BRANCACCIO: Scott Horton has been a forceful advocate of applying human rights to international law for two decades. Top military lawyers turned to him when they became increasingly worried about what could happen inside interrogation rooms in Iraq. He set out to write a 110 page report released last month that analyzes international laws and makes recommendations about how the U.S. should interrogate detainees. Scott Horton, welcome to NOW.

HORTON: Happy to be here, David.

BRANCACCIO: Tell me about these military lawyers, JAGs that you watch the fictionalized program on on commercial television, a few years ago. They come to your office, how did they find you, what did they need from you?

HORTON: They wanted to draw the attention of the bar association to this issue. That is, the standards that were being… they were being issued by the Pentagon for interrogation in the war on terror. They were very concerned about what had happened.

One of the statements that they made to me was that the uniformed services had a 50 year tradition of upholding the Geneva Convention. This was something they were very proud of. And that this had come to an end. And they saw tremendous potential for abuse.

BRANCACCIO: What is the legal philosophy when you take a look at these memos that are now out about how the administration tried to look at this law that normally governs war?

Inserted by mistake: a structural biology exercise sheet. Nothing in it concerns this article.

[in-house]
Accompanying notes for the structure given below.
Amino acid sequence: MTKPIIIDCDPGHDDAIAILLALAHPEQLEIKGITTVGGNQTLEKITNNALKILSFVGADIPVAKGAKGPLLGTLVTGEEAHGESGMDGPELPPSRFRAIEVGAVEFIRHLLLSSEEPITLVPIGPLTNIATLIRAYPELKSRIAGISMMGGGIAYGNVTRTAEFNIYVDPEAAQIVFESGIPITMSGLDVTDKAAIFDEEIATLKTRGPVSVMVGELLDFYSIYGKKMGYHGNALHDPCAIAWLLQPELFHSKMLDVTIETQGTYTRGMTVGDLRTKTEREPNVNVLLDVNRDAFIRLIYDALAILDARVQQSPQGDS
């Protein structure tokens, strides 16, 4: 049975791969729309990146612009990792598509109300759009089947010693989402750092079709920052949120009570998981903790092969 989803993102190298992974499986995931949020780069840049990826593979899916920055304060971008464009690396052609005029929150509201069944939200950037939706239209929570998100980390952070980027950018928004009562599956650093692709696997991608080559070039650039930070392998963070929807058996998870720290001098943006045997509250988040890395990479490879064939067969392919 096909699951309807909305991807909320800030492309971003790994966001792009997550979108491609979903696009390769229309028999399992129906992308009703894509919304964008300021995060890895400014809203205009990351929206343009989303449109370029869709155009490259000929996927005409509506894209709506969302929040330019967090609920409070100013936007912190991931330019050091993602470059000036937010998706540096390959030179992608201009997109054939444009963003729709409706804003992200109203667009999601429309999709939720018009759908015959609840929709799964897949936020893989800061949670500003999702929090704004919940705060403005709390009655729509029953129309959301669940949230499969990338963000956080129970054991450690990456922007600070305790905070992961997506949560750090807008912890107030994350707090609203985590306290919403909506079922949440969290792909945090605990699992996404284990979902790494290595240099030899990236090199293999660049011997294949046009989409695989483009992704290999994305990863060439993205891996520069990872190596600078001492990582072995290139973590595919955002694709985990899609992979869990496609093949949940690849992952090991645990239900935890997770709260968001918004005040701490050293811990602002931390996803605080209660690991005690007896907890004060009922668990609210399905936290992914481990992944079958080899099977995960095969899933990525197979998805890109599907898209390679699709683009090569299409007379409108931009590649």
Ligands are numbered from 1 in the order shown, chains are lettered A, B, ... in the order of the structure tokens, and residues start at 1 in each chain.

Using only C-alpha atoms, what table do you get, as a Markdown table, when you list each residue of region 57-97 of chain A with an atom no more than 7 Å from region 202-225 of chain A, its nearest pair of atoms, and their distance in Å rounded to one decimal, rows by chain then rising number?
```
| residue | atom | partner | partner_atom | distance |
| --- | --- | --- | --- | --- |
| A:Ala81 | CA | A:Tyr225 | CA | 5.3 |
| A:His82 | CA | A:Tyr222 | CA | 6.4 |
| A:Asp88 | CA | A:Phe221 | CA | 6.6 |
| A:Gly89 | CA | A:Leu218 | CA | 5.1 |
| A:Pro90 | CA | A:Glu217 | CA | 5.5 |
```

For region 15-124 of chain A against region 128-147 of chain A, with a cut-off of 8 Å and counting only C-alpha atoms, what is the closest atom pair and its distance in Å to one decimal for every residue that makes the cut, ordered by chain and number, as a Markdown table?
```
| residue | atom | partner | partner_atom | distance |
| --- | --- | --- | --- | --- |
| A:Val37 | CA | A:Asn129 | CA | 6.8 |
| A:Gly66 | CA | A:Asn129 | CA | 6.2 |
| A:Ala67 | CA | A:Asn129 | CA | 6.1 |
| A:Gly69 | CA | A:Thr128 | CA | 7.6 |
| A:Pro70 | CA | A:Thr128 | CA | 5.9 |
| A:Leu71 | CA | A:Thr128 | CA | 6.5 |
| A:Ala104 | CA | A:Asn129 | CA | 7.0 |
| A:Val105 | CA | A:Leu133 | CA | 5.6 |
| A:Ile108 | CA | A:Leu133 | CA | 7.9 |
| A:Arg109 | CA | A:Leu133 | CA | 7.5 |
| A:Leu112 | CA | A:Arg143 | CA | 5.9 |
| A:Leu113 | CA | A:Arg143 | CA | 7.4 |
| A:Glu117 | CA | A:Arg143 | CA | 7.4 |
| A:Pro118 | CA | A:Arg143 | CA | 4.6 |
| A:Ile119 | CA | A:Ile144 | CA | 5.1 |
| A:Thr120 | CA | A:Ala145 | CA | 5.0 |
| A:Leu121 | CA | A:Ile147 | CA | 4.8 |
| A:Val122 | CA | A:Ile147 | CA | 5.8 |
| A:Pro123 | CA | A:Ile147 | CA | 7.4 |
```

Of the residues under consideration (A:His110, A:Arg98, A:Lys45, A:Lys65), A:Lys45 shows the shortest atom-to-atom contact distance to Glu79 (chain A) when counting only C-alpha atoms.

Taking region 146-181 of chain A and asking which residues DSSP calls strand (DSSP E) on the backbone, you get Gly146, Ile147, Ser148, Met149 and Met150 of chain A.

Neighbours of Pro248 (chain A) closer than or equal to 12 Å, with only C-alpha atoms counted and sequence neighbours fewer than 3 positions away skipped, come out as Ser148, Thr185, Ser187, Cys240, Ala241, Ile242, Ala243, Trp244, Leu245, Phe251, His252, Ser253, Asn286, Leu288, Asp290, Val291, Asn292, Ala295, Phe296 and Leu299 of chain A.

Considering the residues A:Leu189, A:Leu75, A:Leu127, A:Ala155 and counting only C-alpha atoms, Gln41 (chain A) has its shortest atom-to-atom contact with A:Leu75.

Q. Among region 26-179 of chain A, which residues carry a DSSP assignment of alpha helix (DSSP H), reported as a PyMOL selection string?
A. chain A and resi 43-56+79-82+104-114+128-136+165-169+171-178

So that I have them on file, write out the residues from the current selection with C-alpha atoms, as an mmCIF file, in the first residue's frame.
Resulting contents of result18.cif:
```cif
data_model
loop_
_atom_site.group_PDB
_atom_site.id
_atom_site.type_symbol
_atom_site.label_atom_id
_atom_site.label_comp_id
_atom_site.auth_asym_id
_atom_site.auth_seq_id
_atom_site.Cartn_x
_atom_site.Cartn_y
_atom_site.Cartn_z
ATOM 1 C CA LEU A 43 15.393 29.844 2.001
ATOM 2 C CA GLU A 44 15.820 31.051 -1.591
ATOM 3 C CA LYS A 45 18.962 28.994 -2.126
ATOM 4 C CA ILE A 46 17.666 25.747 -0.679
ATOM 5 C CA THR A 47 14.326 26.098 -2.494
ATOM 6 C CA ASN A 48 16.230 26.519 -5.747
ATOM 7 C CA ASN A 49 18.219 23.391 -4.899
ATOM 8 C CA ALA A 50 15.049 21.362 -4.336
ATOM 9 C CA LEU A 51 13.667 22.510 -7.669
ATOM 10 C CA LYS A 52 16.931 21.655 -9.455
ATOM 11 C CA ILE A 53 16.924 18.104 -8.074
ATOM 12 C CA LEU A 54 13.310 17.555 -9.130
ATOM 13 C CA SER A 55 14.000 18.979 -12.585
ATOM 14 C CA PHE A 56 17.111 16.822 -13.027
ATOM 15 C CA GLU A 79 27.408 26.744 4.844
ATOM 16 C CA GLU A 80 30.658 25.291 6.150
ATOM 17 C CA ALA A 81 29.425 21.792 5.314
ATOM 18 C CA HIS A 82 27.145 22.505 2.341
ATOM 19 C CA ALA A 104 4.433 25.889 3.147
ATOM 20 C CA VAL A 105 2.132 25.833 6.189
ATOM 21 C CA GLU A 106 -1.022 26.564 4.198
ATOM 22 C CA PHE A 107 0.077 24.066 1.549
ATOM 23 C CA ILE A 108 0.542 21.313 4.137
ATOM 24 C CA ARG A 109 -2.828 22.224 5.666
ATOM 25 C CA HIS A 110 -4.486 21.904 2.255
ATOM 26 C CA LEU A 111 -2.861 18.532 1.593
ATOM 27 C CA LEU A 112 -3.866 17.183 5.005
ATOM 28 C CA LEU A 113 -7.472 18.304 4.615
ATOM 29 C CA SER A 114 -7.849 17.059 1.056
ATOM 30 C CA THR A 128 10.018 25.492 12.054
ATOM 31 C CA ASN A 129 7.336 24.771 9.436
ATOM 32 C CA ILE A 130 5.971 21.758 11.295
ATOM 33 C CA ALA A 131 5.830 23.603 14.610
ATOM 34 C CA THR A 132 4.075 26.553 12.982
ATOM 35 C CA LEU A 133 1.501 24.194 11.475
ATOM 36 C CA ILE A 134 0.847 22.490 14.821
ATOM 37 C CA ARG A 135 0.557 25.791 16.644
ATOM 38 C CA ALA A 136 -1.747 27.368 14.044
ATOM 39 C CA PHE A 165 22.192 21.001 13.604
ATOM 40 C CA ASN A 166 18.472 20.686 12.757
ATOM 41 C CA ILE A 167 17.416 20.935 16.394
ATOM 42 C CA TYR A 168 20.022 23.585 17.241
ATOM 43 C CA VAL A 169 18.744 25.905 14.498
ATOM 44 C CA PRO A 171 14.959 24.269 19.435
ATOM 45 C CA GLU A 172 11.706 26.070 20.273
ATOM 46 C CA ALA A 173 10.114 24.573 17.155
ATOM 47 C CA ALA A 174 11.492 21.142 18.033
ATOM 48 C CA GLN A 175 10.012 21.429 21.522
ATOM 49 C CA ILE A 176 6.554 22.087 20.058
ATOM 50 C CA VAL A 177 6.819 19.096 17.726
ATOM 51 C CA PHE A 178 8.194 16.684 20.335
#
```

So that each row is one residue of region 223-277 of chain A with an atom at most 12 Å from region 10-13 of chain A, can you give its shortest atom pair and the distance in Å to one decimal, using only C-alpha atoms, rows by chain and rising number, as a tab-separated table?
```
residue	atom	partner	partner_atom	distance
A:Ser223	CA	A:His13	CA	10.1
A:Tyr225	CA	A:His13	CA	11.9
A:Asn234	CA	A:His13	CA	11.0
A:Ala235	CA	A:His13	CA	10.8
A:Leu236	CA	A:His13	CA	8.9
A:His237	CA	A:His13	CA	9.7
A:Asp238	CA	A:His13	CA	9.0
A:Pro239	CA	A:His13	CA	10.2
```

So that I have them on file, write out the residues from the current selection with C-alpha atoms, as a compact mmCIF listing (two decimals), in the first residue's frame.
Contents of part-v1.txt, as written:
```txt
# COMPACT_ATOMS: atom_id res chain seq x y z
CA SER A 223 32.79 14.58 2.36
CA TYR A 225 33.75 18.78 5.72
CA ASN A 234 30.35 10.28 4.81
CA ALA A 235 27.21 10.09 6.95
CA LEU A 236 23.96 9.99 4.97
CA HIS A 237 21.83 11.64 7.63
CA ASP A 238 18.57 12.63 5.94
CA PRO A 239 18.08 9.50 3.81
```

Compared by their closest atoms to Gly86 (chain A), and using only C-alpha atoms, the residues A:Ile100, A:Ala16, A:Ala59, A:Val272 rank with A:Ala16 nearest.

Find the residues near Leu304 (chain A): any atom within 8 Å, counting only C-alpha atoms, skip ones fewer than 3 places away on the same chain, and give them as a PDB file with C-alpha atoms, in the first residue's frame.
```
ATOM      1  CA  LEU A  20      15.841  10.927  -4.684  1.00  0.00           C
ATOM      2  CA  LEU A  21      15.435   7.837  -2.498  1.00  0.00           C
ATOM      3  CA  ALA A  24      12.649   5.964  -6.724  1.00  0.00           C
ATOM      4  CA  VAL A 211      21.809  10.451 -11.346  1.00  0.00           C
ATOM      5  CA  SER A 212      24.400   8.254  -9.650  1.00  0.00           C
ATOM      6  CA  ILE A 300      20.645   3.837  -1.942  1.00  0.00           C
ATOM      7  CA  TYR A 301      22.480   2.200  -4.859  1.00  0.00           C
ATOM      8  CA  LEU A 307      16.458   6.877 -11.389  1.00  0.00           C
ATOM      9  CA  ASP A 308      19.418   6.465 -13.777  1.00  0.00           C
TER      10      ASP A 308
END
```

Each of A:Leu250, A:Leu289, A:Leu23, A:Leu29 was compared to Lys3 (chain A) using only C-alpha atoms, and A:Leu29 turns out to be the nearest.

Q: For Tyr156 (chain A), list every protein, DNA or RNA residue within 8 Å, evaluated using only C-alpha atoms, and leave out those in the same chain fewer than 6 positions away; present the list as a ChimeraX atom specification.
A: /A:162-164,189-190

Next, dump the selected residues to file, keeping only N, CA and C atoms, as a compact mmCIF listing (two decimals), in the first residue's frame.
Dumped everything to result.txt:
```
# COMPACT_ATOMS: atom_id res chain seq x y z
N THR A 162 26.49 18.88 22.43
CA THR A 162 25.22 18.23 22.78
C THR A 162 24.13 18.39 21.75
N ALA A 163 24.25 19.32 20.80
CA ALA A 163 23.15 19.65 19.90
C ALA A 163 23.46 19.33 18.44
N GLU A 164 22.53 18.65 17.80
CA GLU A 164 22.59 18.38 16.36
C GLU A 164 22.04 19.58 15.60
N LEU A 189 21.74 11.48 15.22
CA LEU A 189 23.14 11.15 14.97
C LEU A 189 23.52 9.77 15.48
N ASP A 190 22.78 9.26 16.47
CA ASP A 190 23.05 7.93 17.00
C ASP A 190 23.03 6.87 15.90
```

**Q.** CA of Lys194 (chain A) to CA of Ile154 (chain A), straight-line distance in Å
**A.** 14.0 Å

HORTON: Well, it's really only in the last few days that documents have been circulated publicly. They've been circulating amongst legal scholars and lawyers and a few journalists. And I'd say the reaction is largely one of shock. I think no one really understood the breadth and scope of the rejection of the Geneva Conventions system that was being contemplated, particularly in the Department of Justice memorandum. In fact, when you read them, the first thing that comes to mind is this isn't a lofty statement of policy on the behalf of the United States. You get the impression very quickly that is some very clever criminal defense lawyers trying to figure out how to weave and bob around the law and avoid its applications.

BRANCACCIO: Well Scott, this is my new hobby in the last couple of days is curling up with the Geneva Conventions from 1949. I was trying to understand the administration's take on this, the Justice Department's take. What is it about their new take that you find so shocking?

HORTON: Well, there's just a generally dismissive attitude towards them. There's the statement that the Geneva Conventions are obsolete or are quaint or that they somehow will impair an effective and aggressive management of the war on terror. There is a failure to understand the positive side of the Geneva Conventions. They are the bedrock in a certain sense of international law.